Monday, March 8th, 2010 • 3 Comments on This is mostly not a baby post.
Motherhood has, in a strange sense, fostered a newfound generosity of spirit in me. Let me explain.
Taking care of an infant is exhausting, repetitive, often unrewarding work. Patrick is a good baby, a happy baby, but there’s virtually nothing he can do for himself. And so, I do it all for him. I am happy that he rarely cries because it means he is content with his current lot in life. His needs are met—and I meet them. It is easy to love him, because he is my own child, but I also respect him because he is so helpless and yet still tries so hard to accomplish things. Reaching out for toys, soothing himself with his fingers, seeking me out even when it means having to roll on his side, making his tongue work so he can communicate in his own way—he does these things despite the great amount of effort it takes sometimes to accomplish them. And because he works so hard and I can see the effort it takes, it doesn’t bother me to change his diaper for the second time in ten minutes (at least he didn’t pee on me) or to change my shirt for the third time in one day (at least he didn’t spit up in my hair). See? I see how hard he is trying and it makes my spirit more generous—and gentle. And it’s so easy to be this way because, even on days like yesterday when I was tired and not feeling well and maybe didn’t engage him as much as I should have during play time, he still forgives me and offers me a smile when he wakes up from his naps. Every time, without fail. Maybe that’s a bad baby memory or maybe his spirit is generous.
You would think I’d have nothing left to give anyone else after putting all of my generosity (or “work”) into a baby. Truth is, I didn’t have it to give in those early weeks. I barely had it to give to him. But I found some untapped well of patience and understanding inside me because, well, I had to—and it doesn’t just extend to Patrick anymore. As my confidence in my abilities has grown, so too has my sense of generosity and forgiveness. Patrick has softened me in some ways, ways I didn’t really know I had become hardened. More than one person has commented that I seem very “calm” and that motherhood suits me. I laugh it off and interpret whatever calm vibe I’m sending as pure exhaustion, but I sense what they mean. Even when everything is chaos and my brain is racing in six directions at once, there is a calm at my center that wasn’t there before. An ability to let go and forgive and reach out and be kind. Because we’re all trying, aren’t we? Patrick’s efforts are so obvious to me because he’s a baby, but I find myself looking around and seeing that others are trying, too. Even if their efforts aren’t as transparent, even if their work (and suffering) is going on beneath the surface. We’re all reaching, soothing, seeking and communicating in our own way.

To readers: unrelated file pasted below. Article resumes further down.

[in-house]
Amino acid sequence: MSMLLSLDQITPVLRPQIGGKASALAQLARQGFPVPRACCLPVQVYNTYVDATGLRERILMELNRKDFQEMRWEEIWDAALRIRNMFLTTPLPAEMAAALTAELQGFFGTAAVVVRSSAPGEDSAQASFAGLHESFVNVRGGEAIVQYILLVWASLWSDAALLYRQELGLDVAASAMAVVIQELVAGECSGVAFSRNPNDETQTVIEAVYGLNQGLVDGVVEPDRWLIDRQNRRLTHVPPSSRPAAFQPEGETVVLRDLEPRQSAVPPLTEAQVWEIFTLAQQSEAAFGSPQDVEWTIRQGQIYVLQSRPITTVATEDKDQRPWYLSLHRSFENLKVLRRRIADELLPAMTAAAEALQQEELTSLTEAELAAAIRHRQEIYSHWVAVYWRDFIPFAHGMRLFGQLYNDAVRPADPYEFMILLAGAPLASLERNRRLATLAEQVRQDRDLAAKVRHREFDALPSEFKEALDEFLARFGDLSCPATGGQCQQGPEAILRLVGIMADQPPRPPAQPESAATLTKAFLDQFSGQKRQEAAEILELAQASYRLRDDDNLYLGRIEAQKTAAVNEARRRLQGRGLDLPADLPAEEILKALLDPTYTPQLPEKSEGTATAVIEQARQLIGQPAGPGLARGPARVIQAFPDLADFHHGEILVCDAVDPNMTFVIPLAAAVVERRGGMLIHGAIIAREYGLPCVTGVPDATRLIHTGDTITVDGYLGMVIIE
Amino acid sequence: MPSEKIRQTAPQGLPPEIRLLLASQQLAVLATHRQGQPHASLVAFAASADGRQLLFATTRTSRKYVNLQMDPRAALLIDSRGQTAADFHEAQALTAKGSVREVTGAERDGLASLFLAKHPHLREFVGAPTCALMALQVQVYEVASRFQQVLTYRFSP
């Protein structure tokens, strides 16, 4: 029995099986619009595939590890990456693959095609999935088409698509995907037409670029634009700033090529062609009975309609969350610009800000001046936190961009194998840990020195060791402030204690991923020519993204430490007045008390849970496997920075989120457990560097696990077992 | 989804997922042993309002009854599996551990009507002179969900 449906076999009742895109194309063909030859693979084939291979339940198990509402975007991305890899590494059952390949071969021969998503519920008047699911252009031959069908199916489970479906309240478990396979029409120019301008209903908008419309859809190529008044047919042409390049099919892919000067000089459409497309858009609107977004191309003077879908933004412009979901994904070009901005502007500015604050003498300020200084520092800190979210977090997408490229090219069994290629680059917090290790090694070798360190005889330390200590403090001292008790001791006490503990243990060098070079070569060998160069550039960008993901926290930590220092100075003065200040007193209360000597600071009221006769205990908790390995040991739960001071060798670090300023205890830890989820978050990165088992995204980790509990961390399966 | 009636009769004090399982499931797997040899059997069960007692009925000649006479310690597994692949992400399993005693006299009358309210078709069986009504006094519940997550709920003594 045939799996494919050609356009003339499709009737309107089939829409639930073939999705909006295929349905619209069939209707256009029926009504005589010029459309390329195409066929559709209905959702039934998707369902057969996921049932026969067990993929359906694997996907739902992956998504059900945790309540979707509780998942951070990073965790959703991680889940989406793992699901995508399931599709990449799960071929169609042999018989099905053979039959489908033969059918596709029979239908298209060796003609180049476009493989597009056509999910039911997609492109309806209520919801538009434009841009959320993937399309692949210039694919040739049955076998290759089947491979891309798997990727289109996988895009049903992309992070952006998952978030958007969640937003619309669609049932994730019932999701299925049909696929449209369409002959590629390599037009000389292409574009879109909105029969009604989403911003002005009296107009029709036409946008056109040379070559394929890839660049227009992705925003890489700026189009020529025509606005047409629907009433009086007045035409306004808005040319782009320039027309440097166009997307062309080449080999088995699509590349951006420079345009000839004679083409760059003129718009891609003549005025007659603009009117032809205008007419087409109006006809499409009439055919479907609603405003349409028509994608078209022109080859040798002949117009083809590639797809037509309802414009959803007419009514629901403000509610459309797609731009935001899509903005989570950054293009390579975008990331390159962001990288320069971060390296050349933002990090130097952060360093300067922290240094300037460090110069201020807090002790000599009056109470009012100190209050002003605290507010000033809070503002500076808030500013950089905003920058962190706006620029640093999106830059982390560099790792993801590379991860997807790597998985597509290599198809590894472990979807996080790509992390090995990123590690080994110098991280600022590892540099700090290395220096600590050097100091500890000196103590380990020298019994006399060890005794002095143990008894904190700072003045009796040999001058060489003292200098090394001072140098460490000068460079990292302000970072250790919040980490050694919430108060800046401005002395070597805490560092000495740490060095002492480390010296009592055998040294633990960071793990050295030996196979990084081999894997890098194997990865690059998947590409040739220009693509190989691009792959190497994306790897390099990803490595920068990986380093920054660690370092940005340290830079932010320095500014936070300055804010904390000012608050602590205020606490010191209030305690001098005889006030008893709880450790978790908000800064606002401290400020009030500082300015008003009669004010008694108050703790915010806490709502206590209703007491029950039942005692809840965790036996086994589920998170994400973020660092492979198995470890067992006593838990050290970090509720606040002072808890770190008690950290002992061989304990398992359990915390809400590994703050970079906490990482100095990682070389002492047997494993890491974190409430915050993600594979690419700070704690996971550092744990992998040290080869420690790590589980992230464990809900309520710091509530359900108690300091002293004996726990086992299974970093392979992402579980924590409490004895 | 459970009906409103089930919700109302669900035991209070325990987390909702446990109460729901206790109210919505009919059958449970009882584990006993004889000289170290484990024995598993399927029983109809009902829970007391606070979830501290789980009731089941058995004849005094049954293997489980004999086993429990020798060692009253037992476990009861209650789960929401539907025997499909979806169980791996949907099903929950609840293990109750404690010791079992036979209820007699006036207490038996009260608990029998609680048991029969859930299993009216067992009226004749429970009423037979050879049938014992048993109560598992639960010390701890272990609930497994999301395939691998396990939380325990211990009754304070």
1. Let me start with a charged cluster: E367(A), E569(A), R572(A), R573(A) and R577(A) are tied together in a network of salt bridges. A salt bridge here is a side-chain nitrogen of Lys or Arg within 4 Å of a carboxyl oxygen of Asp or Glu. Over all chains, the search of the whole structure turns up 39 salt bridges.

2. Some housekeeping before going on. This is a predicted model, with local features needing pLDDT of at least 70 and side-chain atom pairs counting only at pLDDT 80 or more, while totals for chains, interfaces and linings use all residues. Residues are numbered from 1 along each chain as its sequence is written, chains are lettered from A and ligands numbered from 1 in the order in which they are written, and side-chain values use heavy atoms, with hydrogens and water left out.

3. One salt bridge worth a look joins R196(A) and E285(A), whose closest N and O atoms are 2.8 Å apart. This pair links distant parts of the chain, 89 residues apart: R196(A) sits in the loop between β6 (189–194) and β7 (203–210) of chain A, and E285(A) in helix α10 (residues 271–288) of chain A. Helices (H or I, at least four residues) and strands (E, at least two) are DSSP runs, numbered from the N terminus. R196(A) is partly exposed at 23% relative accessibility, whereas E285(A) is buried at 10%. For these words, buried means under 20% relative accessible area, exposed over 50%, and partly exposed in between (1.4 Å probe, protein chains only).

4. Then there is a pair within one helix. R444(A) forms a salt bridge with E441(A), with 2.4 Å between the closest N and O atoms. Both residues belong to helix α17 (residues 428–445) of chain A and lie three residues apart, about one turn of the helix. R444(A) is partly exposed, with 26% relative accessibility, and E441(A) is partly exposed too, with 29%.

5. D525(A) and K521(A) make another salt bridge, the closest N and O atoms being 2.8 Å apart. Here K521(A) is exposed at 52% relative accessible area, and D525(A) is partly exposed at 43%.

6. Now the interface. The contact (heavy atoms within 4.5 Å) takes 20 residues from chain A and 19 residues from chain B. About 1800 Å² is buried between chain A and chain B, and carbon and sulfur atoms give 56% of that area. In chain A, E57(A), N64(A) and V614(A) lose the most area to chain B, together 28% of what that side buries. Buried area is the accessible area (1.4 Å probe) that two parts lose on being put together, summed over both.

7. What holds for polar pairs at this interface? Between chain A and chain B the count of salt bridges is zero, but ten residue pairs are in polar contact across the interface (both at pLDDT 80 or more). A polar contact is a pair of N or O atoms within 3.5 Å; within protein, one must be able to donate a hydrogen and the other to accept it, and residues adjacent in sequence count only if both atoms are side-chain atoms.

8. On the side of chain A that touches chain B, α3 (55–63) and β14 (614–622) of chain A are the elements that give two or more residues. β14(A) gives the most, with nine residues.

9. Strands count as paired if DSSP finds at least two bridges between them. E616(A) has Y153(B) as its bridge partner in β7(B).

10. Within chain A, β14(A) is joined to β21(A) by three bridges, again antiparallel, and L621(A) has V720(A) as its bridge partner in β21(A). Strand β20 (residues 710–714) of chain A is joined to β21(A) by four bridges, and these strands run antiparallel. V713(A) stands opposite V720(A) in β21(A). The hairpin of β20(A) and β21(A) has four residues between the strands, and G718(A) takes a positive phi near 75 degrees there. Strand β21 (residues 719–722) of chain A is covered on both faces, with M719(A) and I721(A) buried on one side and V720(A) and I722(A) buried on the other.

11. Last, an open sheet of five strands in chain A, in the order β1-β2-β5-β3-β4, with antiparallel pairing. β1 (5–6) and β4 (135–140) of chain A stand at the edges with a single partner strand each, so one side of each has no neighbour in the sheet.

And I know this sounds all gooey and Zen (and I did enjoy Momma Zen so much that I sent a copy to another new mom friend who I thought would appreciate it), but that’s what motherhood has done for me. I’m not one of the “my child is my life” mommies—I think I will always identify as a writer, first and foremost, over mother, or wife—but I’m discovering unexpected emotional growth because of motherhood. My goal is not to change my identity to become only “Patrick’s Mother” but to help him grow his own individual identity and give him wings. We all need encouragement with that, I think. Whether we’re three months old or forty three years old, it feels good to have someone understand us and accept us for who we are.
I still need more sleep, more time to write and more help with baby. But I’m finding it easier these days to reach out, to soothe, to attempt to connect, to try to communicate—and, when all else fails, to forgive and offer a smile.